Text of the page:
Realtor Spotlights Red vs Blue States, MH and Housing

redstatebluestatehousingrealtor-postedmanufacturedhousingindustrydailybusinessnewsmhpronewsAs you no doubt have heard, we’re just a little over a month away from a big U.S. presidential election. Whether you’re watching cable or network news on TV, or are reading political articles online, it’s hard to avoid seeing that all-important electoral collage map.

While the pundits break down who has the clearest path to 270, recently took a look at the electoral map in another way. How people in blue, red and swing – also known as “purple” – states live in terms of housing. Data was pulled from Nielsen Demographics, Nielsen Scarborough, Nielsen Financial and Realtor’s own findings.

The report examined who lives in the biggest homes, the most expensive homes, who pays the most rent and more.

Regarding the manufactured housing industry, Realtor’s research found that people who live in traditionally conservative “red” states are 33 percent more likely to live in “mobile homes” (sic), often found in “trailer parks” (sic) and are more likely to end up living in manufactured homes in those states too.

Red States and MH

Out of all of the traditional red states, the highest concentration of manufactured homes was found in Mississippi; Jackson in particular. Although Realtor’s article referenced Mississippi as an economically “poor state,” note that a lack of finances and living in a manufactured home don’t always go hand-in-hand.


Blue States and MH

Washington, D.C. and traditional blue state New Jersey had the fewest manufactured homes. San Francisco, which has a high cost of living, is the city with the lowest percentage of manufactured homes.

In the swing state of Florida, Miami was the city with the lowest rate of homeownership.

Click the map to see full size image. Credit, Realtor.

Home Ownership Rates by Red vs. Blue states

The fact that there’s a 33 percent higher likelihood that red state residents would live in a manufactured home ties in with another one of Realtor’s statistics: states with the most homeowners.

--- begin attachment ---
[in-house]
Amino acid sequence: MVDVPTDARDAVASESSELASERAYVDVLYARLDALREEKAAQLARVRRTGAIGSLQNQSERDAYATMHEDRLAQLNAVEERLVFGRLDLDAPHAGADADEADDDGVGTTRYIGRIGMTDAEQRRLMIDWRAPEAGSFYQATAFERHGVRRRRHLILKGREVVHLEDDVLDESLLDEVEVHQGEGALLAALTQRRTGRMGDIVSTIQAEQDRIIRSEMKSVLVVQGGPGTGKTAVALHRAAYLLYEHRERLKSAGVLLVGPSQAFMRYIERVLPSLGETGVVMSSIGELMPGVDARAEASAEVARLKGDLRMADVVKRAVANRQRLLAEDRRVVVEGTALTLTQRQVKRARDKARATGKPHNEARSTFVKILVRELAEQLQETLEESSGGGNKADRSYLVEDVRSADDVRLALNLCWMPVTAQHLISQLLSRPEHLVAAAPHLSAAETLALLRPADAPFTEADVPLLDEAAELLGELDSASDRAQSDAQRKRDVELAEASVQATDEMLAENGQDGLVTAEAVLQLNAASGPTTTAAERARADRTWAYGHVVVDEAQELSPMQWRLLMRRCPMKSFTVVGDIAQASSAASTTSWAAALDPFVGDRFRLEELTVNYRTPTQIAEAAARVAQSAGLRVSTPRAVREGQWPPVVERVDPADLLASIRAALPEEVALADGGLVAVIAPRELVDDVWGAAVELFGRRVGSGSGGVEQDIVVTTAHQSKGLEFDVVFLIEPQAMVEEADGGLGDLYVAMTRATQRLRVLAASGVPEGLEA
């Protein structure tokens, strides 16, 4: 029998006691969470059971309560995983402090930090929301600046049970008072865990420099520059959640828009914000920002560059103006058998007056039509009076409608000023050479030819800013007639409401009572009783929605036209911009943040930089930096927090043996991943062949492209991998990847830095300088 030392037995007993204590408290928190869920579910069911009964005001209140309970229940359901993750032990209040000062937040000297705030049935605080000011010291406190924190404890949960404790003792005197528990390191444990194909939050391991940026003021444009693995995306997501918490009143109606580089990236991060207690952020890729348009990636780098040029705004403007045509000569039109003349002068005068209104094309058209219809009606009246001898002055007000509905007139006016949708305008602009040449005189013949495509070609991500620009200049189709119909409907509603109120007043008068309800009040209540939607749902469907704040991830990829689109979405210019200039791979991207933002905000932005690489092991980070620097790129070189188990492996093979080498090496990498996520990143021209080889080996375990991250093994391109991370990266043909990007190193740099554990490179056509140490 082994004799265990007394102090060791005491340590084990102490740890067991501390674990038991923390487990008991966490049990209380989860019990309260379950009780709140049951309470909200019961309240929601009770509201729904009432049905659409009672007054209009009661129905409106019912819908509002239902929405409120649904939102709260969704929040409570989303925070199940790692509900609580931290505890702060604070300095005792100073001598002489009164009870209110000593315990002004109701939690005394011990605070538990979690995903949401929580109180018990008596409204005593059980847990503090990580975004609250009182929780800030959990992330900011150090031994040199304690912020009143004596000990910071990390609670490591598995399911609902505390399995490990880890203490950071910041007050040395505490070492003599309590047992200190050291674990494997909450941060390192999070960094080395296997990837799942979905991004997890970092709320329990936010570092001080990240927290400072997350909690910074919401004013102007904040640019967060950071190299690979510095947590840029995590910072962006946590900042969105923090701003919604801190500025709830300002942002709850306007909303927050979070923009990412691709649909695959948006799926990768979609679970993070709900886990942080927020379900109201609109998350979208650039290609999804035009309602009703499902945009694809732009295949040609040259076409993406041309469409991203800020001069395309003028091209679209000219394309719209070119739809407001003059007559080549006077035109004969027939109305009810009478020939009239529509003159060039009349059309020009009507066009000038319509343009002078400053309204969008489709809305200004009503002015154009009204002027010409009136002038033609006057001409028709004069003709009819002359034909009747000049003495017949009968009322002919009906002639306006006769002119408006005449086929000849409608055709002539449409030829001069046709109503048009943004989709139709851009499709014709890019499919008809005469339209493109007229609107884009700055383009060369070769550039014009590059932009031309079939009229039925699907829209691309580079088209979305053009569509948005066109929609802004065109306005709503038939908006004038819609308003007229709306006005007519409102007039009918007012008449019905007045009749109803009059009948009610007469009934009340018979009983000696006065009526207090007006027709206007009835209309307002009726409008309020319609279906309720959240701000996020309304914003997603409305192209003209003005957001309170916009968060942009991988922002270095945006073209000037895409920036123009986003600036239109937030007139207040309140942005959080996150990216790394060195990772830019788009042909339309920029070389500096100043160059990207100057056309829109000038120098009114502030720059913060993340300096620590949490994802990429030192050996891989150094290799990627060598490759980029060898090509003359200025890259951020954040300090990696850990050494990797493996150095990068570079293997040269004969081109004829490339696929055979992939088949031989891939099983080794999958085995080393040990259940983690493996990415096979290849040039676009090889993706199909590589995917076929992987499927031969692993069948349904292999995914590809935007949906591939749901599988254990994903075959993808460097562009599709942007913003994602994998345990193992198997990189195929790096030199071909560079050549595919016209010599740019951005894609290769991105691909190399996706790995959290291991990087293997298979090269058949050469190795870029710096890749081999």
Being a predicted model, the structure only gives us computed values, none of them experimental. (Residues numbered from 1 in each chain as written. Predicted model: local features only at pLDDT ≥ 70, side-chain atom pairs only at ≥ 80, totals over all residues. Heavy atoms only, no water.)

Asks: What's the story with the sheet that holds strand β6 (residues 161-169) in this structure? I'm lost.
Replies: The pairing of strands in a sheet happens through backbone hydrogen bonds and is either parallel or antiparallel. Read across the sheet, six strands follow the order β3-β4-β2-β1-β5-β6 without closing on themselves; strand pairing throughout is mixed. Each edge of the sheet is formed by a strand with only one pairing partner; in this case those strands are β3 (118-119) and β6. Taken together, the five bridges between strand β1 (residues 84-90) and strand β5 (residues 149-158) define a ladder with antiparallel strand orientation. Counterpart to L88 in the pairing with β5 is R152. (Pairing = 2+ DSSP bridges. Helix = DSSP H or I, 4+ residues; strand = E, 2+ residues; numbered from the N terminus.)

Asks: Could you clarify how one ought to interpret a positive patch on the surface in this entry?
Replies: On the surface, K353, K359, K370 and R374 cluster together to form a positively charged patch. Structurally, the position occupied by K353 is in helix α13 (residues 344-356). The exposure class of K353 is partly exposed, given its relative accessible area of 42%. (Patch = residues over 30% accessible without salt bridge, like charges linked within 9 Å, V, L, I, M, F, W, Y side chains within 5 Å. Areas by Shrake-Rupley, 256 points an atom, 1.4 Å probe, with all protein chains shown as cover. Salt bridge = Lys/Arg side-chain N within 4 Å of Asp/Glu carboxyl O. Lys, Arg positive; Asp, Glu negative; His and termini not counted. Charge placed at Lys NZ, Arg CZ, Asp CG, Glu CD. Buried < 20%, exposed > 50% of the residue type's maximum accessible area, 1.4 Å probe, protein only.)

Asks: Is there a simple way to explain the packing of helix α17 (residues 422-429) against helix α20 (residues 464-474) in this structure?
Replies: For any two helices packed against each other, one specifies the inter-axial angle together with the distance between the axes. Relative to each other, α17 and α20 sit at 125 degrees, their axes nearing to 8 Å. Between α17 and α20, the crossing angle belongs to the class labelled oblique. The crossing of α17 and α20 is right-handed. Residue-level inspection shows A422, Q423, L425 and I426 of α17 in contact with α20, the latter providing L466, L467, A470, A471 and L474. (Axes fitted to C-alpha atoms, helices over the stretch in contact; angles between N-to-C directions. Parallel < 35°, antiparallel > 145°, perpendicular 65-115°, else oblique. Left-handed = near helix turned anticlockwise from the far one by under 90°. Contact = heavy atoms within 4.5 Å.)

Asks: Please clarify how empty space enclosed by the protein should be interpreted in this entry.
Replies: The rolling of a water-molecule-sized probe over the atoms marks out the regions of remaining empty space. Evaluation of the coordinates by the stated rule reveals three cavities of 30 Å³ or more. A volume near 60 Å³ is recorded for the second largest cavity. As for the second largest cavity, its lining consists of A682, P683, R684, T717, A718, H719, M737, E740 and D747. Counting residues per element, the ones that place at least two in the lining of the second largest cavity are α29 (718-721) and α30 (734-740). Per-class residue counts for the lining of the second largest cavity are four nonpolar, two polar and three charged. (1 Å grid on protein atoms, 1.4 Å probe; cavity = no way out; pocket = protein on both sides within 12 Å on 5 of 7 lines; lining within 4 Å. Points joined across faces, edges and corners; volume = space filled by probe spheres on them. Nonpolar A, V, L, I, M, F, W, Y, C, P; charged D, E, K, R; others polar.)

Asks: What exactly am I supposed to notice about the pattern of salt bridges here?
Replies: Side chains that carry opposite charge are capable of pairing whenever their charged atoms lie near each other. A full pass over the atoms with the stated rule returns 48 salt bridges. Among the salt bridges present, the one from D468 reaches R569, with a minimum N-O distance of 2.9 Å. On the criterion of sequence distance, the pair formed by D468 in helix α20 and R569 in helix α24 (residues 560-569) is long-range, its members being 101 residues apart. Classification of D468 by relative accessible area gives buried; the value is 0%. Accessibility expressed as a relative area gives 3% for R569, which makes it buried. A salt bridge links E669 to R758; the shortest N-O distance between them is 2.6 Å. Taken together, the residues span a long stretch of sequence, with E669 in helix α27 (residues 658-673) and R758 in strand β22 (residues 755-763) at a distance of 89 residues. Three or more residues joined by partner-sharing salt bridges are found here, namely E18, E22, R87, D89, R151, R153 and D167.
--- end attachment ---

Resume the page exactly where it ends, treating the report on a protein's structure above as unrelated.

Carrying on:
Based on their report, homeownership is highest in red states, where the cost of living is lower.

In the chart above, you see the percentage of the population in that given state that has residents living in pre-HUD Code mobile homes or post-HUD Code manufactured homes. Graphic from CFPB white paper, click here to download. Note: MHLivingNews has done a number of analytical reports on manufactured housing lending, that shines a different light than what the CFPB’s white paper did, one of those reports with a video of CFPB’s Richard Cordray and others, is linked here.

In Republican-supporting red states, 67.9% of households are homeowners as opposed to the 63.5% figure in Democratic blue states.  For example, “Hawaii has the most expensive homes, followed by Washington, DC, and California,” Realtor stated.

Owning a home is more attainable in red states because the cost difference [in home prices] is substantially more significant than the income difference,” Realtor’s Chief Economist Jonathan Smoke said. “(And) you get more in terms of space.”

While blue areas like the Northeast and California tend to earn higher salaries, homeownership remains more attainable in red states because it only requires their residents to put approximately 26% of their household income towards housing.

In blue states, that percentage of household income going towards housing is closer to 32%.

When someone considers the fact that manufactured homes typically cost about 50% less nationally than new, conventional, site-built housing, that percentage of the household income needed to purchase a manufactured home could dip even lower.


The cost of housing is directly tied to how much land is available,” Smoke added. “The parts of the country that have an abundance of land have the lowest housing costs.”

End Result?

The results of the study may or may not do anything to shake up the electoral map, but it does offer some perspective in how much money is spent – or not spent – on housing in various parts of the country.

Their broader analysis “was a perfect statement of why there are such differences politically between red and blue states,” Smoke said. “The way of life is clearly different between the two.” ##

(Image credits are as shown above.)

Joe Dyton, for the Daily Business News, MHProNews.

Submitted by Joe Dyton to the Daily Business News, MHProNews.

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